Where God Lives

Reads: 72  | Likes: 0  | Shelves: 1  | Comments: 2

More Details
Status: Finished  |  Genre: Religion and Spirituality  |  House: Booksie Classic
To some, this story will mean something, to others, maybe not so much. But if it makes just one person say, {"Hmm?"}, then it did what it was supposed to do. --- This story is loosely based on a real life occurrence involving an artist and the painting he produced.

Submitted: June 15, 2017

A A A | A A A

Submitted: June 15, 2017

A A A

A A A


In an old Mission, on the outskirts of modest sized town, there resided a Monk named Thyme.

This Monk was known by the villager as being someone who often talked to himself. But he was a kind man and never showed any signs of being a danger to anyone so they considered him harmless.

On one bright and sunny Tuesday Thyme was mumbling to himself and tending to a grapevine when a young traveler approached him.

"Pardon me, “said the man, "might I trouble you for some bread and water?"

"Of course," replied Thyme, "no stranger is ever turned away when in need. Come, I will show you the way.

 

Brother Thyme introduced himself to the man as they walked into the mission, finding their way to the kitchen.

There was a lot of noise in the kitchen, two monks were banging and clanging pans and other utensils while baking. So Brother Thyme placed several items on a tray and motioned toward another room. Leading the way into what turned out to be a dining hall, the two men seated themselves at a table.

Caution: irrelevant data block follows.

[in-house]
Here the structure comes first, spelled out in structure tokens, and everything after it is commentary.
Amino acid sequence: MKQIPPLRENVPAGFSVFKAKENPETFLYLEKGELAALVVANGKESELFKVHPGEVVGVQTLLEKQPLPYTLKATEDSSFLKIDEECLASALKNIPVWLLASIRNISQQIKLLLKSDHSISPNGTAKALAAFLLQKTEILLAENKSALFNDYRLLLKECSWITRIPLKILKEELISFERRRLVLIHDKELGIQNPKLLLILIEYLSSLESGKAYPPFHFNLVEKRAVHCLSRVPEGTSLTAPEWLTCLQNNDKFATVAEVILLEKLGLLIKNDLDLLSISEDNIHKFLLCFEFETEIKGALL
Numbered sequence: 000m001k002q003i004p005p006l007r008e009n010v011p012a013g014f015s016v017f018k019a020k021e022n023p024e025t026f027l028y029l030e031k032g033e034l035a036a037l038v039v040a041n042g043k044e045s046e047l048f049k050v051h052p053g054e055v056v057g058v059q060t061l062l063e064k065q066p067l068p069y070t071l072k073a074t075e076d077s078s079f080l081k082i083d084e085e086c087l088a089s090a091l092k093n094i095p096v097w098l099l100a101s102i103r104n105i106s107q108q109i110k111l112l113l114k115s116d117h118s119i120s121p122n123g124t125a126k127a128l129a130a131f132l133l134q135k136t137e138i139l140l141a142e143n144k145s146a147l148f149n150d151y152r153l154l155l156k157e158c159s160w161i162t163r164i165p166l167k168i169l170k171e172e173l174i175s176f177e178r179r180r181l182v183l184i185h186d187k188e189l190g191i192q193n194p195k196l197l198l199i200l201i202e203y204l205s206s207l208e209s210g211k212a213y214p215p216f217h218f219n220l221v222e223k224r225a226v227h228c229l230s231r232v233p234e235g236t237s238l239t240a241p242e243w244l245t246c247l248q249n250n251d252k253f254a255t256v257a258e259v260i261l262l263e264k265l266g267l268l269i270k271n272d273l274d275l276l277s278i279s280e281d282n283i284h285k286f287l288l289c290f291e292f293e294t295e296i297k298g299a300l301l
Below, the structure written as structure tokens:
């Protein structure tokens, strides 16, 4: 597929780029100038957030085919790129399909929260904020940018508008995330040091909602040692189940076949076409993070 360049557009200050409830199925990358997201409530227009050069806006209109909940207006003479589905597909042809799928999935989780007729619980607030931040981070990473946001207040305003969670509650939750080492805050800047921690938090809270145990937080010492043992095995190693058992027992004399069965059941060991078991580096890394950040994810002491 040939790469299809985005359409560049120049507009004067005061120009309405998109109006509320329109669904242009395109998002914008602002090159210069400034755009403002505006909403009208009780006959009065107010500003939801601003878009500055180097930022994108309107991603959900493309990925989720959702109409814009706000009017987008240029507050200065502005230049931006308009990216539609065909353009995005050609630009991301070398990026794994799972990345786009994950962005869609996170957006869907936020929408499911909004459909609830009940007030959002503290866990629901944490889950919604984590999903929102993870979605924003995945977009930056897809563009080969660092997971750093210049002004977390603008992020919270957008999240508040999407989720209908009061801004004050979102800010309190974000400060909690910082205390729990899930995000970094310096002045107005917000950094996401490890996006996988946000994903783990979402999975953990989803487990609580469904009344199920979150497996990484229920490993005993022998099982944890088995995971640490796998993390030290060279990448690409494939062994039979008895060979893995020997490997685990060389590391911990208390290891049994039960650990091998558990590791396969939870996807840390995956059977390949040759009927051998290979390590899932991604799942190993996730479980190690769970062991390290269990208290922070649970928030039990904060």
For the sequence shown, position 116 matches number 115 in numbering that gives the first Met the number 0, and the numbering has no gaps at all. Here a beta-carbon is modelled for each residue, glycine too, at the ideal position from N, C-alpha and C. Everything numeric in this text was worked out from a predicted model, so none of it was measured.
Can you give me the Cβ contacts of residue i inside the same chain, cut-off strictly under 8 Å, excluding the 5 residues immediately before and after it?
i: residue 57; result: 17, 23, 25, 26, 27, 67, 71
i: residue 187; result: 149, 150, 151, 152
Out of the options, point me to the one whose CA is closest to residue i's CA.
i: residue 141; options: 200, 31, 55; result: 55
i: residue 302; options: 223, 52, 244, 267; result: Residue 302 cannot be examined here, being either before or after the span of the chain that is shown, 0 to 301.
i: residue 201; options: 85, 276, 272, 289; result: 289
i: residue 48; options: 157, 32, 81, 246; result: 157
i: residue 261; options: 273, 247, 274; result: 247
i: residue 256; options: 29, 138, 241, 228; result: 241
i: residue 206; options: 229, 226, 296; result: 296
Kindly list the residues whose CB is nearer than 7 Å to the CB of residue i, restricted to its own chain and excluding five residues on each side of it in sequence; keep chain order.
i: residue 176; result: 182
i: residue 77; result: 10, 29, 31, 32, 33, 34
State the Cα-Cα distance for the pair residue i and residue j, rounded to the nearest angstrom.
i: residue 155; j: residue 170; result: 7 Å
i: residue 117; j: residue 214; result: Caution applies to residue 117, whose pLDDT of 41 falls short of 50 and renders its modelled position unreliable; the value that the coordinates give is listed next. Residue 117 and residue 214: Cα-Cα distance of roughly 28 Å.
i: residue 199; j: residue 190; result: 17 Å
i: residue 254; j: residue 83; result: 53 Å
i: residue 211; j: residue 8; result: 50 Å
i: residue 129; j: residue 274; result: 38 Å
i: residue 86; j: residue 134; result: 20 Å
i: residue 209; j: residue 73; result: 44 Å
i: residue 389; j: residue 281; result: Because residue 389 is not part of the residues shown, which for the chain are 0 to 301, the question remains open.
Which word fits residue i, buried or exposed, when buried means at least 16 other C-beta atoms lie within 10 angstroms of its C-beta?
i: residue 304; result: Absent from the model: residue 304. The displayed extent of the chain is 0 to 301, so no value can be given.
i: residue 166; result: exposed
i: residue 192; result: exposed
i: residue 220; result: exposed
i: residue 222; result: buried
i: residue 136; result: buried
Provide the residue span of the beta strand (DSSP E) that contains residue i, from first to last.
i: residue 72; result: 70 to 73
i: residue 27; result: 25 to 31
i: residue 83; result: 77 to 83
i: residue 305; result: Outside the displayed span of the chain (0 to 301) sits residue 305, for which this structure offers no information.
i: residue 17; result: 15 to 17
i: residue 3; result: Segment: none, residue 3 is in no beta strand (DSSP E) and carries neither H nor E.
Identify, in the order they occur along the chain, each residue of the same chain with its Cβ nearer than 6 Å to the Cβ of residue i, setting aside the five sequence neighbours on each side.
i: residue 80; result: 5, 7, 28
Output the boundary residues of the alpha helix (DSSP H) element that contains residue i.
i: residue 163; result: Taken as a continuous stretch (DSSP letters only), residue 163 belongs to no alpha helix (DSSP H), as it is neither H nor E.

"Some wine, Mr. Trundle? The monk asked as he sliced some very fresh and wonderful smelling sourdough bread.

The man looked surprised and then nodded his head in the affirmative.

"I am afraid I have no money to pay for this," said the stranger, with head bowed low.

Thyme replied with words and a smile, "That is not a problem, you are my guest.

But I'm afraid the meal will be limited, a sandwich of bread, sausage, and cheese; and, of course, wine."

Mr. Trundle wolfed down half the sandwich before ever taking a breath; even then, stopping only for a moment to drink some wine.

"Oh that is so good," Trundle stated, "I have not eaten in four days."

Then he started inhaling the second half of the sandwich, while the Monk prepared another.

Brother Thyme was curious how a well dress man with a car had come into this situation. So after Mr. Trundle started eating the second sandwich and was on his way to a third glass of wine, he began his story.

 

"I have traveled about 100 miles to try my artistic hand at doing paintings of your beautiful scenery, the hillsides, the mountains, and your exquisite vineyard here at the mission.

About a week ago, I stopped at a bend in the road when I saw a beautiful plant growing nearby. The flowers were blooming and the light was perfect.

I immediately took my sketch pad and pens and went to the site to draw and to make notes.

It was a warm day, so after some time I took off my jacket and tossed it on a nearby bolder.

I continued to sketch and make notes until I heard a scratching sound. As I investigated I realized that I was steps from a wolf den and it had at least three pups in there.

At that very moment I saw, who I presumed to be the mother, come over a hillside with something in it's mouth. She was not happy to see me there and began running towards me.